38,000 historical maps at DPLAtags: The Atlantic, Digital Public Library of America, digitization, maps, digital history, historical maps
More than three decades ago, David Rumsey began building a map collection. By the mid-90s he had thousands and thousands of maps to call his own -- and his alone. He wanted to share them with the public.
He could have donated them to the Library of Congress, but Rumsey had even bigger ideas: the Internet. "With (some) institutions, the access you can get is not nearly as much as the Internet might provide," Rumsey told Wired more than a decade ago. "I realized I could reach a much larger audience with the Internet."
Bit by bit, Rumsey digitized his collection -- up to 38,000 maps and other items -- along the way developing software that made it easier for people to explore the maps and 3D objects such as globes online. Today, the Digital Public Library of America announced that Rumsey's collection would now be available through the DPLA portal, placing the maps into the deeper and broader context of the DPLA's other holdings....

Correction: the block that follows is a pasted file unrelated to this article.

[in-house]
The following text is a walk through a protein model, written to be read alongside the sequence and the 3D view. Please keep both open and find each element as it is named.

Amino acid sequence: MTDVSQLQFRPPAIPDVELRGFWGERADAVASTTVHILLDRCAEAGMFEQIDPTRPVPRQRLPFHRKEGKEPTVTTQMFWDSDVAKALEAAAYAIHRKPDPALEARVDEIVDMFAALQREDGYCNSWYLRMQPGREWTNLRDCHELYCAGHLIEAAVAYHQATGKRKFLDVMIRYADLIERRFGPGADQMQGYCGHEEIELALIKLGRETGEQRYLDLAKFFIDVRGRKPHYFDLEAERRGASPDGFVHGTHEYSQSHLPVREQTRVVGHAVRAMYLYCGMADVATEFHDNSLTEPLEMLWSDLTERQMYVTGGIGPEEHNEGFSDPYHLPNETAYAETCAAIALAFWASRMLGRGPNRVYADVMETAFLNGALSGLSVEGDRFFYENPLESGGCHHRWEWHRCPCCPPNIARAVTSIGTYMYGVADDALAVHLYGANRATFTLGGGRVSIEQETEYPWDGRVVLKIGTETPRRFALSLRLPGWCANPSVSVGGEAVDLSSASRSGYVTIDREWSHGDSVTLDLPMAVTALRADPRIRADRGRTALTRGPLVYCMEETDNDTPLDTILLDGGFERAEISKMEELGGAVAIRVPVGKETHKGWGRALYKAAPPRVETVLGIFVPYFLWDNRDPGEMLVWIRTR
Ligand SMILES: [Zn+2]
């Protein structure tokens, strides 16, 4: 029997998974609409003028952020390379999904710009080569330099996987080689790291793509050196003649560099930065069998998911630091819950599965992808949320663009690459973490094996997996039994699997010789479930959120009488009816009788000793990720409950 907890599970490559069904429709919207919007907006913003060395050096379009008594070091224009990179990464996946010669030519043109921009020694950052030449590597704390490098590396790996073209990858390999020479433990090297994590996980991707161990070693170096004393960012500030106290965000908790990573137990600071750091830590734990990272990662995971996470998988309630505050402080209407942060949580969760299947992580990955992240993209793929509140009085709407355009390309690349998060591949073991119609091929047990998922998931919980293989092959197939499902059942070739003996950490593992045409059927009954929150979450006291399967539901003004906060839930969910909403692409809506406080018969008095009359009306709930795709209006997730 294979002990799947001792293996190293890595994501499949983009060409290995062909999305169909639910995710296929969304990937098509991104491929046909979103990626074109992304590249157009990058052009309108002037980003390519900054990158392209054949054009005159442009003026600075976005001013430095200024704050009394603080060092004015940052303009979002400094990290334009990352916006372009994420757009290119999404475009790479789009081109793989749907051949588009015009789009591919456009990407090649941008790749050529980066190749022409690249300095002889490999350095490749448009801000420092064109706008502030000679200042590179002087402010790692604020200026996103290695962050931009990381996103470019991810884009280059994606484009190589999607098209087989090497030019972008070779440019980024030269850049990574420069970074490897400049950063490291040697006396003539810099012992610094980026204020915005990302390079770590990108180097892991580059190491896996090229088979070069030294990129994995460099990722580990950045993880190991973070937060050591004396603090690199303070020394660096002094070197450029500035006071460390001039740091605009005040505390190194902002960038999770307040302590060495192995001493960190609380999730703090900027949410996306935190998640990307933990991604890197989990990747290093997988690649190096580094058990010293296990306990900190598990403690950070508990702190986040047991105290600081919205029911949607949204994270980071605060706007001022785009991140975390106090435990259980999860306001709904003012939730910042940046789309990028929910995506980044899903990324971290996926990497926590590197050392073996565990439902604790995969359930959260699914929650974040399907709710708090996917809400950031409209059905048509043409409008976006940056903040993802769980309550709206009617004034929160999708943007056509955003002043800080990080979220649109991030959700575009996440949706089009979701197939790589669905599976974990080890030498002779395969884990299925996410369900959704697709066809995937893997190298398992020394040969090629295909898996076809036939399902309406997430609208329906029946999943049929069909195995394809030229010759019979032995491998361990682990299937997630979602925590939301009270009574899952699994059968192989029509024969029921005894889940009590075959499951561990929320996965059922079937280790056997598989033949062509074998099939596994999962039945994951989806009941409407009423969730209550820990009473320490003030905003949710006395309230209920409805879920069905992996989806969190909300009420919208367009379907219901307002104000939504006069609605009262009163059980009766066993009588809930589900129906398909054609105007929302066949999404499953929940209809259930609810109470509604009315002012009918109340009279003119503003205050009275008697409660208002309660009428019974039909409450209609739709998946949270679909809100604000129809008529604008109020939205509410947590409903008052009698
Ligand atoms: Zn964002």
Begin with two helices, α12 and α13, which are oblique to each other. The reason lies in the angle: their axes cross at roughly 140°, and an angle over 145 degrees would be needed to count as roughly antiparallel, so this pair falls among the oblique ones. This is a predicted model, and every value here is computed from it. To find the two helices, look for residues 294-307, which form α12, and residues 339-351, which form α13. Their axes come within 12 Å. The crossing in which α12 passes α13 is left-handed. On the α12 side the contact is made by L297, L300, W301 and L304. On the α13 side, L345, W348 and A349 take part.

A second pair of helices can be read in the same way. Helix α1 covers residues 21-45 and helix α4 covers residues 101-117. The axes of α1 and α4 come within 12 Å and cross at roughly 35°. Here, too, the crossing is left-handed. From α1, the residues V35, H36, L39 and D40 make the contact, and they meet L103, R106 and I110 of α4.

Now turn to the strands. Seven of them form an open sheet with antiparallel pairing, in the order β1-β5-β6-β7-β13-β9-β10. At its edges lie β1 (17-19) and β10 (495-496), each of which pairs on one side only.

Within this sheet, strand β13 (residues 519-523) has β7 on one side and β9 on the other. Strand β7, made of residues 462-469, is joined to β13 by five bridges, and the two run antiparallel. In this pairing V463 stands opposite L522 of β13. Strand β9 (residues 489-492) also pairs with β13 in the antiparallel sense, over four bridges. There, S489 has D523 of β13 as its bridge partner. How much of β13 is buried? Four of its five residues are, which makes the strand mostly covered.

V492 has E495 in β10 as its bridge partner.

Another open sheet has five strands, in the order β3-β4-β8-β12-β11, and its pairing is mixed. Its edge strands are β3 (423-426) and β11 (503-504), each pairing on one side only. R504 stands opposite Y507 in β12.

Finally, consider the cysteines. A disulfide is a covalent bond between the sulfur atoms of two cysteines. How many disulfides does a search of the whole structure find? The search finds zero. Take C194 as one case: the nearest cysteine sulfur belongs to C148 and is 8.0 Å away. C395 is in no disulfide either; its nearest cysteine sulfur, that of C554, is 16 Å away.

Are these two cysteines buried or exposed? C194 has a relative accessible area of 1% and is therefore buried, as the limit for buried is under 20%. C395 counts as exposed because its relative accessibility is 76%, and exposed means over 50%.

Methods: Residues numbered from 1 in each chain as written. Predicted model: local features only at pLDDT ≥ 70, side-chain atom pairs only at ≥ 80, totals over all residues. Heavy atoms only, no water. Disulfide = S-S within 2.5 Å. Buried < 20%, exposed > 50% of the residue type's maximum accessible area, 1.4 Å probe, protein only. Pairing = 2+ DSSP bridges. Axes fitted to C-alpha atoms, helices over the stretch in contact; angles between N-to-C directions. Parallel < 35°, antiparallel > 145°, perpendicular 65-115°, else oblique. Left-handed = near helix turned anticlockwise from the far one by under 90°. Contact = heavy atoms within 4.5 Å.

comments powered by Disqus
- Hull of Confederate Submarine H.L. Hunley Found 150 Years Later
- U.S. Textbook Skews History, Prime Minister of Japan Says
- Recalling a Film From the Liberation of the Camps
- Skull Fossil Offers New Clues on Human Journey From Africa
- Are crude conspiracies right? Research shows nations really do go to war over oil
- Ronald Suny says historians have shied away from exploring the roots of the Armenian genocide for fear of taking attention away from the victims
- Columbia University professors Eric Foner, Alan Brinkley, and Alice Kessler-Harris to retire
- A powerhouse appropriations subcommittee is now headed by a historian: Republican Rep. Tom Cole (OK)
- Slavic scholars divided over a scholarship sponsored (and withdrawn) by Stephen F. Cohen
- Claire Strom to Step Down as Editor of Agricultural History